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Women encouraged to get on board

Monday, July 02, 2012

Women have made great strides in taking leadership roles over recent decades, but there is still a long way to go in terms of involvement in corporate boards, The Nationals Member for Murray Valley, Tim McCurdy, said today.

The number of women on the top 200 Australian corporate boards is just 14 per cent, Mr McCurdy said. Government and not-for-profit boards are better, but not much better!

Sadly, Australia is not the enlightened country it could be, and should be, when it comes to leadership diversity, and there is a dearth of women on boards, and even fewer women chairs.  So, whilst there is much to celebrate, there remains much to do, he said. 

Women in rural and regional areas make an enormous contribution to the social and economic wellbeing of their communities, yet their contribution is largely undervalued, and we need to encourage women to join decision-making boards and committees, Mr McCurdy said.

Increasing the variety of people serving on boards offers an opportunity to tap into a rich pool of talented candidates, bringing new voices, experiences and approaches to the decision-making process and adding depth to existing skills and ideas, and, bringing the board closer to properly representing stakeholders.

Greater diversity expands the networks available to your group, helps to reach your ‘audience’, increases the profile of your group and makes for better governance, he said. With women making up 51 per cent of the population, having women on boards makes them more relevant to the whole community.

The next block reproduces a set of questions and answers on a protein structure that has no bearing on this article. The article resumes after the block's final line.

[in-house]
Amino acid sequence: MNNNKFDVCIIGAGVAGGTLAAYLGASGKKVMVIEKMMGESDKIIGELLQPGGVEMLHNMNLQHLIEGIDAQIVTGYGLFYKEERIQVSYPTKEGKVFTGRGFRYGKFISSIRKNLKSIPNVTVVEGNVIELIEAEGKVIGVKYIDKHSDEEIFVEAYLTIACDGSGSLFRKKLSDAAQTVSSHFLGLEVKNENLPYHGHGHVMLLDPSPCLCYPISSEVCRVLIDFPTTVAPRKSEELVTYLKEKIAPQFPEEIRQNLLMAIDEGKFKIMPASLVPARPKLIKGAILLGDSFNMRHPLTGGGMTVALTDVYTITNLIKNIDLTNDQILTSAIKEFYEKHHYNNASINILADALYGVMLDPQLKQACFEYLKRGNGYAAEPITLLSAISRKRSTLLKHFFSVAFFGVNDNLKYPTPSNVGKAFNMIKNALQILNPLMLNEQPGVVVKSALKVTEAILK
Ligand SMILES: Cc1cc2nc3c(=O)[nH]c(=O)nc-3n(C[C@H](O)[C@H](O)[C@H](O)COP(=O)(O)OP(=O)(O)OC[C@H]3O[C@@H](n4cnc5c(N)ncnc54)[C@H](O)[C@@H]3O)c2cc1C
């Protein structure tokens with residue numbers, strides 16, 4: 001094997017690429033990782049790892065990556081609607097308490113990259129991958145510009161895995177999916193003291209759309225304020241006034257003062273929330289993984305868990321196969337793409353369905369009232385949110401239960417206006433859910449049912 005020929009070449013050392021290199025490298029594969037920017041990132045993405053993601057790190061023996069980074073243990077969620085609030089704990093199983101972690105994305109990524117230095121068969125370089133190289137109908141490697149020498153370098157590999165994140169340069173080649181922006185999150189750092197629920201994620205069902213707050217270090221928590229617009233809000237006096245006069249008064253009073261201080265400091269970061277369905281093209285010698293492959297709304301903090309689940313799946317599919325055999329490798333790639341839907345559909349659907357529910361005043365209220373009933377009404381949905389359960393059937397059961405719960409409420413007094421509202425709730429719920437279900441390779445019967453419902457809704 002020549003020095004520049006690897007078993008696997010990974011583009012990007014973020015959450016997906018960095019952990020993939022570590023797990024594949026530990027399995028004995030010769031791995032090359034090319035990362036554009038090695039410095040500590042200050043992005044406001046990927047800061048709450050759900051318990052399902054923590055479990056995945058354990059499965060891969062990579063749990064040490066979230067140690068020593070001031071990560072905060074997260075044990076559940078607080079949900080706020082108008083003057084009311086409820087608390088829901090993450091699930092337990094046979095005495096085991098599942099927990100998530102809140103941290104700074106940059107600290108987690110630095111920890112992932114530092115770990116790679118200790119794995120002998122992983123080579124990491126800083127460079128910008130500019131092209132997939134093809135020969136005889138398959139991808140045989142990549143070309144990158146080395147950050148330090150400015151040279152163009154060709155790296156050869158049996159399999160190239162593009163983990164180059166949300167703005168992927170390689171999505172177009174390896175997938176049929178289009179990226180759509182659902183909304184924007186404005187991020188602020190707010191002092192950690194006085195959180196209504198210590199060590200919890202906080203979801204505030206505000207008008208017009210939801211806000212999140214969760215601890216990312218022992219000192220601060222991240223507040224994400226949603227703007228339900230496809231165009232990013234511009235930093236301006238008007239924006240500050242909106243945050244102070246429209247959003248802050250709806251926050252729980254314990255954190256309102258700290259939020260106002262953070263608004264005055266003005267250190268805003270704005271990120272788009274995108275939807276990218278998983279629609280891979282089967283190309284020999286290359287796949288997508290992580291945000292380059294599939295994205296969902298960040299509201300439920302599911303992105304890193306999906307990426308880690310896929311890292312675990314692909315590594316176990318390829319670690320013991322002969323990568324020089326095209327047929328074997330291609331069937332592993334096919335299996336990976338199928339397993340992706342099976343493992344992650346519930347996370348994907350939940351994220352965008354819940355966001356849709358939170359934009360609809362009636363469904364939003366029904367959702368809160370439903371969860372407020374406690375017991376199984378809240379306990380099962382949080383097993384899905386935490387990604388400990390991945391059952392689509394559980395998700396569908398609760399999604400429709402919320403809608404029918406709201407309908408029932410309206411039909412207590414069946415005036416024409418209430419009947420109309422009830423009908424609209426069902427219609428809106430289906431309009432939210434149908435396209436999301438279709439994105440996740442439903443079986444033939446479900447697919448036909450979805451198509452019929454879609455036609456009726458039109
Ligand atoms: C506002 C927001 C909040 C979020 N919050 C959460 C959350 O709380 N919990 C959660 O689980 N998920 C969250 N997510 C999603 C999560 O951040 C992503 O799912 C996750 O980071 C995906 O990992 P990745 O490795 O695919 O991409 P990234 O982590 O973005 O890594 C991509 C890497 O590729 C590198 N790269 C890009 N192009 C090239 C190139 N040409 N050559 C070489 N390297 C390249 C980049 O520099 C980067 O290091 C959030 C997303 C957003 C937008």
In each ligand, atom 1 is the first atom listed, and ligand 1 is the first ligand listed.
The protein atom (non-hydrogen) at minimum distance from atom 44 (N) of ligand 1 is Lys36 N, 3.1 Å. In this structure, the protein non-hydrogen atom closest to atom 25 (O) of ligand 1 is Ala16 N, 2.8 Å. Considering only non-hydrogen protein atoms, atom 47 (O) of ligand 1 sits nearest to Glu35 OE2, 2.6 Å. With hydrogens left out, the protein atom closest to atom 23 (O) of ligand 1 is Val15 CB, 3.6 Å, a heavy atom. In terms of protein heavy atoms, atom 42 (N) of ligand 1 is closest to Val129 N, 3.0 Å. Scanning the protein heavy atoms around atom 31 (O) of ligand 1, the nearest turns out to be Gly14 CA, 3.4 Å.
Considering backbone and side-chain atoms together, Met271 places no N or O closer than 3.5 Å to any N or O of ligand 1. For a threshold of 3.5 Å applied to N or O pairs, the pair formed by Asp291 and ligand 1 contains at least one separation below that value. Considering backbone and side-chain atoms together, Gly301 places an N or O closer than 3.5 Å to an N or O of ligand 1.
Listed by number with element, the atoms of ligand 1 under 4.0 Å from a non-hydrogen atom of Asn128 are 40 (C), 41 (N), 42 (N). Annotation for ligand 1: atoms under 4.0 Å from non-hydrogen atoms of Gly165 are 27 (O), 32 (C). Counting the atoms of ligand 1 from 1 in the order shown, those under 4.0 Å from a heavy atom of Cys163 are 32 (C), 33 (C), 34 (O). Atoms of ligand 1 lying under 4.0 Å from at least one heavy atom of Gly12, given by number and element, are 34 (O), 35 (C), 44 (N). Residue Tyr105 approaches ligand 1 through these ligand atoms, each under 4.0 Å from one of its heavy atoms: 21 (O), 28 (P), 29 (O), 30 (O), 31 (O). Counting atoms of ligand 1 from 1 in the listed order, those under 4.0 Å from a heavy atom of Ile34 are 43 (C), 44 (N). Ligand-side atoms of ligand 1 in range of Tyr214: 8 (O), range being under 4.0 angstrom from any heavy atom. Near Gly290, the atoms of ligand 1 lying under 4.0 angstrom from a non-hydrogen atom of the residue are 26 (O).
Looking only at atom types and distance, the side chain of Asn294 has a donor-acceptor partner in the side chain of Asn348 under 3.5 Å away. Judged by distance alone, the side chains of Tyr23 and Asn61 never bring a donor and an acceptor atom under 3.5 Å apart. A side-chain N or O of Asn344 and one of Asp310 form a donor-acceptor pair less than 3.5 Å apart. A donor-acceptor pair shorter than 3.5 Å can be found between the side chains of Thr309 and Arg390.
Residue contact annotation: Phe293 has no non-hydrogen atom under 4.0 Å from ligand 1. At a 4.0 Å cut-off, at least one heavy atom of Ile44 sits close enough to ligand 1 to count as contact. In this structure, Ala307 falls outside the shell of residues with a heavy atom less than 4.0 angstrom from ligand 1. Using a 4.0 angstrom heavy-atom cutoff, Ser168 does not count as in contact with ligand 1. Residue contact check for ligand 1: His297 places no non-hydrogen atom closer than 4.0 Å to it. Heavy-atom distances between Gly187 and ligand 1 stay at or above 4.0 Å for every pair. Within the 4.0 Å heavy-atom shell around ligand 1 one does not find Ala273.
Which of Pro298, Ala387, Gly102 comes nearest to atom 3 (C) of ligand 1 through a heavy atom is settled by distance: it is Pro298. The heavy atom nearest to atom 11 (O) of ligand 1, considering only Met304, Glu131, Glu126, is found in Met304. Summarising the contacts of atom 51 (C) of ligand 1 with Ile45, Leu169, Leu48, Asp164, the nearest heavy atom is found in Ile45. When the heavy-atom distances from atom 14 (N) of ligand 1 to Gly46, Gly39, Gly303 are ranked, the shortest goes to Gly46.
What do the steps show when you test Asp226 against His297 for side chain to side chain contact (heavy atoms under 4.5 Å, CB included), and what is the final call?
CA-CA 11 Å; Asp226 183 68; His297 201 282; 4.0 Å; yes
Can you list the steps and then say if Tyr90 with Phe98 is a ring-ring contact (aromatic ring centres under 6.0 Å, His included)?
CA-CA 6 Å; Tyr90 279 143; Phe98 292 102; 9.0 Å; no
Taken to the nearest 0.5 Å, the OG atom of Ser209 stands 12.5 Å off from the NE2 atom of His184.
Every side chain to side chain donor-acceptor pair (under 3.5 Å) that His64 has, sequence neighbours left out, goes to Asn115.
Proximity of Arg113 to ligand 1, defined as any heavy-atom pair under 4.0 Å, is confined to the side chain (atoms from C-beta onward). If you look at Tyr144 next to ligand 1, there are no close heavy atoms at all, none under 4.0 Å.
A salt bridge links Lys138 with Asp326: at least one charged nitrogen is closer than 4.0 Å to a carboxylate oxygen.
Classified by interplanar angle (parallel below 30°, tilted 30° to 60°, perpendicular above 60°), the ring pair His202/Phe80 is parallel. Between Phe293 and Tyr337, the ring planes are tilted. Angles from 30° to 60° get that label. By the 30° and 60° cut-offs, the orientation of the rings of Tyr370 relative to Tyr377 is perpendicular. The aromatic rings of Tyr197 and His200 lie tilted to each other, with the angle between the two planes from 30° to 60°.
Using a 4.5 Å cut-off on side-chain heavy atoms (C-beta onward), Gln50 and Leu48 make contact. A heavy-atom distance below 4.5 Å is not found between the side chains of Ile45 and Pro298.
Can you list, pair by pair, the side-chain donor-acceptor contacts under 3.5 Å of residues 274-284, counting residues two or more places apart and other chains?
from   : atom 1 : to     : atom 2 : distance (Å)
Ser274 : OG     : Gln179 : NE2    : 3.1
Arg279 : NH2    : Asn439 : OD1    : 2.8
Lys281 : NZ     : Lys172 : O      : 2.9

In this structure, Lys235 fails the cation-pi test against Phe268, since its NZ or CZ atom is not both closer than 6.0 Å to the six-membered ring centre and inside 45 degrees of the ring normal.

Our Community, the Women’s Leadership Institute Australia and the Alcoa Foundation recently launched a new book to help get more women into leadership positions in Australia. Get on a Board [Even Better – Become the Chair] is designed for women considering a role on a community, Government or corporate board.

Designed to inspire and empower more women to take the leap into the board arena, the book examines the board lifecycle, from first consideration of such a role, through finding the right board, getting the gig, honing your performance, and, finally, moving on.

It includes tips, insights and tricks for aspiring board members and many insights for men and boards as well on making their structures more welcoming to women.

The book was produced as part of the joint Advancing Diversity and Women in Australia project, which will also involve a regional training program for women aspiring to board roles, supported through the Alcoa Foundation.

Our Community is the leading provider of information and training for community organisations in Australia and has long been involved in the campaign to create more opportunities for leadership positions for women.

The Alcoa Foundation has a proud history or supporting the advancement of community leadership in Australia through the provision of grants, volunteers and expert support. More information about the project, and the book, can be found online, at www.ourcommunity.com.au/books/getonaboard , Mr McCurdy concluded.   



 

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